To the second item of convergence. My music is as much as possible made available in finished 'manufactured' form (as paper scores or on recordings) and in downloadable form (as PDF and MP3 files). I explain this on my website, and indeed hundreds of scores and musical examples are downloaded monthly. Nevertheless, I am surprised to learn of performances. Because performers are busy, they often forget to contact me about shows, so I self-google once a month or so to turn up performances. And sure enough, another one turned up, not only with a program, but with my own program notes (from the Vermont Contemporary Music Ensemble site) and even a link back to me. Nicely done.

The third element of the nexus is Creative Commons. This organization is only five years old, founded by several intellectual property experts to soften the terms of the debate by creating several new forms of licenses, including attribution, noncommercial, no derivate works, and 'share alike' versions. These licenses operate under the actual copyright ownership, but are non-revocable. They also make a list of "public domain dedications" -- works released entirely from copyright ahead of the present legal term.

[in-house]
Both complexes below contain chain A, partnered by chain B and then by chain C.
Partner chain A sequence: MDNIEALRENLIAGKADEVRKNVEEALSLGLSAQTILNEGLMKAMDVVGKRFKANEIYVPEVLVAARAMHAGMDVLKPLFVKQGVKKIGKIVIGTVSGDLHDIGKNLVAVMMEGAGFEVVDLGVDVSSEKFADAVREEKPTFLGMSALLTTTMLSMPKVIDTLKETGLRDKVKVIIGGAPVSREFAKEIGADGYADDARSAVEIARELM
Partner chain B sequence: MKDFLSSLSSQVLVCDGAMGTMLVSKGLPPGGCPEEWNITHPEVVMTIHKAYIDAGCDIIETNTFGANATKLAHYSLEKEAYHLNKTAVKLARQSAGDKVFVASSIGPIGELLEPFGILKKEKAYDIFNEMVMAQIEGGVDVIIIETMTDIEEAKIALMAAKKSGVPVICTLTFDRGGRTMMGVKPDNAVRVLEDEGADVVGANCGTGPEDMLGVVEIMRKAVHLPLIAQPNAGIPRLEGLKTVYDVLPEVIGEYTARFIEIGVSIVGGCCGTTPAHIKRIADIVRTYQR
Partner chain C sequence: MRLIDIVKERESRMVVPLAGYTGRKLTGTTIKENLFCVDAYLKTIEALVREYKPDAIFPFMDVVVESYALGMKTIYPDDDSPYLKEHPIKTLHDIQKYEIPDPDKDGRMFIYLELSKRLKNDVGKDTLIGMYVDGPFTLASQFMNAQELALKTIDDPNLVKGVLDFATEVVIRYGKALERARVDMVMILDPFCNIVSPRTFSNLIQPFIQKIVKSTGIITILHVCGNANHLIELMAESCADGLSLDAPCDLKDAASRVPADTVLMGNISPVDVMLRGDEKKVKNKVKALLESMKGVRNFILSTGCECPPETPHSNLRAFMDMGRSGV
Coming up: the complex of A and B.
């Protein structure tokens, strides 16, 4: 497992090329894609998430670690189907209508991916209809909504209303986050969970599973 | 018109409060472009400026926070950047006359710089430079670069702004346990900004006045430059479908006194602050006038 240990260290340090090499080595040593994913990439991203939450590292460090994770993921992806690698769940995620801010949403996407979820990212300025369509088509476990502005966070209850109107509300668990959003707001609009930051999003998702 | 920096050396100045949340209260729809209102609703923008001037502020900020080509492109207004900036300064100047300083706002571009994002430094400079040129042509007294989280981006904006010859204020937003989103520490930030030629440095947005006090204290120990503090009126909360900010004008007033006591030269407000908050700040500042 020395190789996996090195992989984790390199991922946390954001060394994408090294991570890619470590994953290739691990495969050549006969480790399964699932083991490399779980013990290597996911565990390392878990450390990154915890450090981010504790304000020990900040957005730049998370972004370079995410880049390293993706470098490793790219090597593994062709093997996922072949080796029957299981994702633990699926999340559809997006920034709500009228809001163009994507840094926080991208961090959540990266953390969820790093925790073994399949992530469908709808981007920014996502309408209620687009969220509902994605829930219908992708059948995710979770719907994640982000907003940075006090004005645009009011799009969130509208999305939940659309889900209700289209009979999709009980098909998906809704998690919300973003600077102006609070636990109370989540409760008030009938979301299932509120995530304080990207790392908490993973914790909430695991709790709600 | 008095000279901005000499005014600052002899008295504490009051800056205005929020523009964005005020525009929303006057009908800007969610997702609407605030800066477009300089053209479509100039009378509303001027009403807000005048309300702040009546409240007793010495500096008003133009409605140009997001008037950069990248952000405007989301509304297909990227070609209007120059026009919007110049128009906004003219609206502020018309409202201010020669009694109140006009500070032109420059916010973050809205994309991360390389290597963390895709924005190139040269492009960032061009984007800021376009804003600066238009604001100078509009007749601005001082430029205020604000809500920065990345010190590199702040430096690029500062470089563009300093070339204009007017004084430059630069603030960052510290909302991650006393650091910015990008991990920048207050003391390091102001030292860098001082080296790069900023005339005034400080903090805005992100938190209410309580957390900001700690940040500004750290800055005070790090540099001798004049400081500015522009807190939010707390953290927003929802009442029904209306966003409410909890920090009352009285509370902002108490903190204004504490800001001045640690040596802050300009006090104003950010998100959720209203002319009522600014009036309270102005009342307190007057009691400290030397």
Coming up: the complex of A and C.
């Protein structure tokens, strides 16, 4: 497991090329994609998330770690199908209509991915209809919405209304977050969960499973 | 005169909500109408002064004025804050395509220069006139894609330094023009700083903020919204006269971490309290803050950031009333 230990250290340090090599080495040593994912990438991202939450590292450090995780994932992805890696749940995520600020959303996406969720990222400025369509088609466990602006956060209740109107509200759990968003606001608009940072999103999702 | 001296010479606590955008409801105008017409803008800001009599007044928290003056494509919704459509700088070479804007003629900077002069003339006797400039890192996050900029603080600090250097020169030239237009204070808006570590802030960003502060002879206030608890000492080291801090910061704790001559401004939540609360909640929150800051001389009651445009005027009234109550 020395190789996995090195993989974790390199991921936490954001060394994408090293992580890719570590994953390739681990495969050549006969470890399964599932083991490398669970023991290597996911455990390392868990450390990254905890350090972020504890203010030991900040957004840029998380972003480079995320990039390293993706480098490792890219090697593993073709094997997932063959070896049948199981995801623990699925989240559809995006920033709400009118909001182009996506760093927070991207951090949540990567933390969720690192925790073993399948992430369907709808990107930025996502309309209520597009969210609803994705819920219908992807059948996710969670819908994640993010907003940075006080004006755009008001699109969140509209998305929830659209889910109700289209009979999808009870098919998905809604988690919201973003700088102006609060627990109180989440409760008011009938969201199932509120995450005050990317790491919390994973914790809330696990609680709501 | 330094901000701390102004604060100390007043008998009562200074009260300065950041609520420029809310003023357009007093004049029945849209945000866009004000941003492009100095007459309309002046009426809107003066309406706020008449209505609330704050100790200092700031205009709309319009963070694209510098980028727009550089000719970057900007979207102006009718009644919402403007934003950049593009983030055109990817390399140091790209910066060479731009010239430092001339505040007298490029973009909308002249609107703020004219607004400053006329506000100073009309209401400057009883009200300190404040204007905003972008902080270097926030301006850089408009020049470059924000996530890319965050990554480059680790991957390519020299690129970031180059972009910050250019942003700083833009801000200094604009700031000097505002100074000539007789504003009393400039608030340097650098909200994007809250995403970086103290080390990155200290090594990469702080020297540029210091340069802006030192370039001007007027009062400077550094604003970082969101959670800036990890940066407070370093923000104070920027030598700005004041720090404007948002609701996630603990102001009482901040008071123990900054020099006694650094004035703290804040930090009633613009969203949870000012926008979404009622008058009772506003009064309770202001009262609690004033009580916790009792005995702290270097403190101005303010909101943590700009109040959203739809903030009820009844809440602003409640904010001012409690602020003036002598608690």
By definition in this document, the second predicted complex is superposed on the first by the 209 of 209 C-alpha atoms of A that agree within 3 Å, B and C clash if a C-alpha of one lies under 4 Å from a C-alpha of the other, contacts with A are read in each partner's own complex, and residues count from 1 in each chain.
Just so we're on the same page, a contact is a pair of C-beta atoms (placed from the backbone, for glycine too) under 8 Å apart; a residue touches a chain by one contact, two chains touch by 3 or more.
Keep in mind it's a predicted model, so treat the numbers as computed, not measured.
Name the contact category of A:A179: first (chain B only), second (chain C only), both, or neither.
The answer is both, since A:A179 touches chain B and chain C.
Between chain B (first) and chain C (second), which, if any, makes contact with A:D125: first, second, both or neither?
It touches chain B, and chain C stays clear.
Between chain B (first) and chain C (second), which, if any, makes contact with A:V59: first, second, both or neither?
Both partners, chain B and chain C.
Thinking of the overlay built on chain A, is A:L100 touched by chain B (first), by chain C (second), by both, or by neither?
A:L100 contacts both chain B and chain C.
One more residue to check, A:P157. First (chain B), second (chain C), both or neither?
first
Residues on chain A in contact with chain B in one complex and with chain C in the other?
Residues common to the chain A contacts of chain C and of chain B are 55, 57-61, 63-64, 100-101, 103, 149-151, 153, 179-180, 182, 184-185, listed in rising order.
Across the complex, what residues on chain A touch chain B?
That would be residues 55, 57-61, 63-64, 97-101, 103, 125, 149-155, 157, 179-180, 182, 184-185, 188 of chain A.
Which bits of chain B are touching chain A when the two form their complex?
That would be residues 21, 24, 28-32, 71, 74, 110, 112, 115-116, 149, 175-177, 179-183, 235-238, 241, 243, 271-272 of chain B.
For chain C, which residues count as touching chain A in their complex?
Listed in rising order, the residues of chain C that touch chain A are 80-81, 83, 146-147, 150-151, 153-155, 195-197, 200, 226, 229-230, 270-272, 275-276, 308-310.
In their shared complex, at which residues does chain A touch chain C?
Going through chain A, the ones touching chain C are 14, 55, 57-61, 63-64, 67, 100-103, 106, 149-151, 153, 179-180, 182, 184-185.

And finally, HeadOn. For those who have never seen this commercial, it is marvelously disturbing. A dark-haired young woman looks heavenword with a smile of relief, rubbing a cylinder of some concoction on her forehead. The soundtrack repeats three times in an unabashed loop that sounds like an excerpt from a Catholic mass, "HeadOn. Apply directly to the forehead. HeadOn. Apply directly to the forehead. HeadOn. Apply directly to the forehead." This commercial has become perversely popular, appearing in original and parody form on YouTube and, as I discovered earlier today, making up part of a very recent performance by Tom Hamilton.